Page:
Yellow maize varieties in Ghana have low beta-carotene levels, but if improved, they could lessen the negative health effects of vitamin-A deficiency. Finding promising yellow maize accessions that could be used to breed higher beta-carotene varieties was the goal of the study. The study involved the collection of 100 local accessions, phenotypic identification, evaluation of genetic relatedness, and quantification of the beta-carotene and total carotenoid contents. The focus of the work was general trait analysis of the maize collections including existing local pro Vitamin A accessions from National Research Stations. A factor score for 15 traits revealed that the main drivers of variation in the first component axis were 100 seed weight, cob weight, and number of kernels per row, whereas the main contributors to variation in the second component axis were cob height, plant height, and leaf length. The third component axis was dominated by 50% anthesis, 50% silking and 50% leaf senescence. The three component axis accounted for 54.19% of the observed variation. Variability was also observed in kernel beta-carotene and total carotenoid contents. It is possible to develop higher beta-carotene varieties from the accessions NZER1 and HONAMPA, which have the highest beta-carotene contents (5.19 and 4.34 μg/g, respectively) and fall within the recommended range (3 to 8 μg/g) for first-generation medium to high pro-vitamin-A maize genotypes.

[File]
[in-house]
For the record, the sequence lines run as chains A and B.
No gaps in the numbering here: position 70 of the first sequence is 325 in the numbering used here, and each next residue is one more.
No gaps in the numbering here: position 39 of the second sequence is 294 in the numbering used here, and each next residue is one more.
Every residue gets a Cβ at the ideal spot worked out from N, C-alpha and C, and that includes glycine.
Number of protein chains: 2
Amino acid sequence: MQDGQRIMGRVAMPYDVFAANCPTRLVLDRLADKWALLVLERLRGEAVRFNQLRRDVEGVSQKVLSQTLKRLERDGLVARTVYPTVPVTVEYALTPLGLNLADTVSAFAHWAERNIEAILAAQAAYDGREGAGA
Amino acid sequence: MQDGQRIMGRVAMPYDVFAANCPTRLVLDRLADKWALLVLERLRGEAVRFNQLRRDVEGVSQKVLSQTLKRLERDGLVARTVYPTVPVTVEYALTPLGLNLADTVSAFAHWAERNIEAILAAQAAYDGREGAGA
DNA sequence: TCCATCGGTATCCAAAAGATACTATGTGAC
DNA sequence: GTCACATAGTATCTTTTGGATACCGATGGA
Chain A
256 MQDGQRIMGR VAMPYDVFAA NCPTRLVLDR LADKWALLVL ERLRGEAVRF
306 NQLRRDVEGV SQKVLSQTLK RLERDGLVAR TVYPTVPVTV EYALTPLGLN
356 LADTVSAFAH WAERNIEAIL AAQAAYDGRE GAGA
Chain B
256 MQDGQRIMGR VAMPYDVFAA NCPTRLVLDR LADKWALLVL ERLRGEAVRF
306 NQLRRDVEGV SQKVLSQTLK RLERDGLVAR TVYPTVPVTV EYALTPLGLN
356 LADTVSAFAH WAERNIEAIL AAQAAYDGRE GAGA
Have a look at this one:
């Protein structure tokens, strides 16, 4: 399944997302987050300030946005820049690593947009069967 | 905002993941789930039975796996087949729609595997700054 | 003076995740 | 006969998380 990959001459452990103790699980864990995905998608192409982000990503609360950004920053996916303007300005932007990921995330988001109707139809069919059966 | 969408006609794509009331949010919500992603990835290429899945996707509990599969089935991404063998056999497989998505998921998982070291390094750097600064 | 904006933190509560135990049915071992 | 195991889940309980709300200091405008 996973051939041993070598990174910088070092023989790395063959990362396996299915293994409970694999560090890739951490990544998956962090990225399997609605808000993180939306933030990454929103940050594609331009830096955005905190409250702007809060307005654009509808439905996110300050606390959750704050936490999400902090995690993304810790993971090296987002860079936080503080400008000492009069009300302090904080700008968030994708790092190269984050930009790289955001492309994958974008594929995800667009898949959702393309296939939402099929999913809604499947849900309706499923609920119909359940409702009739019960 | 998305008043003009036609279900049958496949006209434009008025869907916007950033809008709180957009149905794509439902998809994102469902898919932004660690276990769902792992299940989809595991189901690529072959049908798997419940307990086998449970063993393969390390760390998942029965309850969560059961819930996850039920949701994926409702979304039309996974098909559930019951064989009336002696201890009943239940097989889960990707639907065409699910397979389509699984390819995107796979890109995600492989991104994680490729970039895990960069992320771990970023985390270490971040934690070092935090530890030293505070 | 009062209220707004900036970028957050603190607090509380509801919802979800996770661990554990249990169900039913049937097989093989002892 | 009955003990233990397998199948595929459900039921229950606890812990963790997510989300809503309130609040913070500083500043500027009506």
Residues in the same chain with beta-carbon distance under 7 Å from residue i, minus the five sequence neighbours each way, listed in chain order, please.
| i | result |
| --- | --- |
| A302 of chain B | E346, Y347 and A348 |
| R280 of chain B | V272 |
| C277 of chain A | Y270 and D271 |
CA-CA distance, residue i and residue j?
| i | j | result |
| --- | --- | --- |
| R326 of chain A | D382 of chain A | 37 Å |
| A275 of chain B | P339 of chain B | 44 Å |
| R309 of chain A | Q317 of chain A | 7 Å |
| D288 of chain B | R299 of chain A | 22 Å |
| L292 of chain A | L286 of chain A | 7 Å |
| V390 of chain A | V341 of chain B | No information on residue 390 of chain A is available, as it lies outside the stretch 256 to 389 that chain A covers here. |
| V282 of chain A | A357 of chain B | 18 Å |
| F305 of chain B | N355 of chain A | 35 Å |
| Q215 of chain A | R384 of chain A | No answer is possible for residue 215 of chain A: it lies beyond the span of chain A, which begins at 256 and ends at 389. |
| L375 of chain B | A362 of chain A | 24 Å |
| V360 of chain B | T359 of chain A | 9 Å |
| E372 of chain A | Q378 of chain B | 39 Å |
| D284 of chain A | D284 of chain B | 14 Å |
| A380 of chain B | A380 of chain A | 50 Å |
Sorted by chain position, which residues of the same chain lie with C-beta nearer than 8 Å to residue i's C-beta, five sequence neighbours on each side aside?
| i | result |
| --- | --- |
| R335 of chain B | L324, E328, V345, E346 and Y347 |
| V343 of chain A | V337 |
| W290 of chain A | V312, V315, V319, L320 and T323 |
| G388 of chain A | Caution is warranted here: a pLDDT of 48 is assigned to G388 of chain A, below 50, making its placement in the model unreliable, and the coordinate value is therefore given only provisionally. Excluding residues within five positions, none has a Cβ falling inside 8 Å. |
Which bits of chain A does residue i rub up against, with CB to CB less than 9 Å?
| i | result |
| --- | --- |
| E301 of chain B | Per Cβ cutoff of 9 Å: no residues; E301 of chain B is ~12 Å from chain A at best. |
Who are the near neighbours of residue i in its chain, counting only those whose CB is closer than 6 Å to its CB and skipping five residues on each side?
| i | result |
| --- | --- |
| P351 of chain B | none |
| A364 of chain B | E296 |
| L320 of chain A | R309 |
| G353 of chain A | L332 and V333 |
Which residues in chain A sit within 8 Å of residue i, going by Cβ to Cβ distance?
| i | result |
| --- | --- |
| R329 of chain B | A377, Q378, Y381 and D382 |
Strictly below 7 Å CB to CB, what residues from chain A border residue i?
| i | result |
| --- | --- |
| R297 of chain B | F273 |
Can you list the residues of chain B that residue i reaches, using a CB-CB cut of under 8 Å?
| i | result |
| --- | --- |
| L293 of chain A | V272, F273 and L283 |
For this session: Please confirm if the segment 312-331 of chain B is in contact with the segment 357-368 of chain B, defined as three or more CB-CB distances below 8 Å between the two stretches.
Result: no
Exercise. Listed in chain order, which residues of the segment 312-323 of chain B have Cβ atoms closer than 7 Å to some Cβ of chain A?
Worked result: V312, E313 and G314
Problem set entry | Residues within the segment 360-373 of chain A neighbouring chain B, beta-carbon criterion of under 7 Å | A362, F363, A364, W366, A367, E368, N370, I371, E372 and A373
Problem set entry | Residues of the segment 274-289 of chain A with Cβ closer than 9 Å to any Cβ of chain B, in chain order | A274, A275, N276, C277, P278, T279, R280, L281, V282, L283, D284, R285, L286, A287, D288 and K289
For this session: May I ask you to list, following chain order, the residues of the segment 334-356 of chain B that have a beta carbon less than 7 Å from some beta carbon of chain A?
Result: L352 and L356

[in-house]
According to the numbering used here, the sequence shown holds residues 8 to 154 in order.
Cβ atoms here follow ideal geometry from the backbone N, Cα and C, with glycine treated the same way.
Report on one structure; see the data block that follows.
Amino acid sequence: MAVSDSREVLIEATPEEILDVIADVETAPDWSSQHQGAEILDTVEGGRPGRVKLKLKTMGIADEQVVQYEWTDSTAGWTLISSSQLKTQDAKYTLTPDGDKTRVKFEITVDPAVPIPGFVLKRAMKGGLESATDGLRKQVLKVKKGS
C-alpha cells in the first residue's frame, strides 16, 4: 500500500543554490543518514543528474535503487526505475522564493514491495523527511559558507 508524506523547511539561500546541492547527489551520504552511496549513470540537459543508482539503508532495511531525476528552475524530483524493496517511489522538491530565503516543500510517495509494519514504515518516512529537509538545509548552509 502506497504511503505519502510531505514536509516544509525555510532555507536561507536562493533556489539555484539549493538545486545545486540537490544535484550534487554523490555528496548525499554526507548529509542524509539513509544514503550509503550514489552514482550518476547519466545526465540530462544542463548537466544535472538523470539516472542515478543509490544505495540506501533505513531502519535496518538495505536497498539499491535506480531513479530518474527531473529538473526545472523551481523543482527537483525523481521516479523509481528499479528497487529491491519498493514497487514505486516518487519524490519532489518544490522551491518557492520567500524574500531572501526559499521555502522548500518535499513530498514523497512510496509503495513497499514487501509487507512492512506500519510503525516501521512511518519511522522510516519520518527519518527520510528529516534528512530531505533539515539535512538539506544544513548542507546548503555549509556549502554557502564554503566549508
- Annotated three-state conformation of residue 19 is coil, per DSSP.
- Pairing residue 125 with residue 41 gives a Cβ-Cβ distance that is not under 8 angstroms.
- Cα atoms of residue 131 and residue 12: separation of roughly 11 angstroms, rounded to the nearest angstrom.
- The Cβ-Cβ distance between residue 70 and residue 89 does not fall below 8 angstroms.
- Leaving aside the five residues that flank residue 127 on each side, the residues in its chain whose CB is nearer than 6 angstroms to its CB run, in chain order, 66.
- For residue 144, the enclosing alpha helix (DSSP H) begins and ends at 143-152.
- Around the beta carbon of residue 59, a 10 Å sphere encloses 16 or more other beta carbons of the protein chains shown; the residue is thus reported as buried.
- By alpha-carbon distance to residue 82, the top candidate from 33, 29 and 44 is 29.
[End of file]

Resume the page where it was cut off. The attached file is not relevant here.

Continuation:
Key words: Beta-carotene, plant breeding, carotenoid, phenotype, maize, pro-Vitamin A, traits, germplasm.
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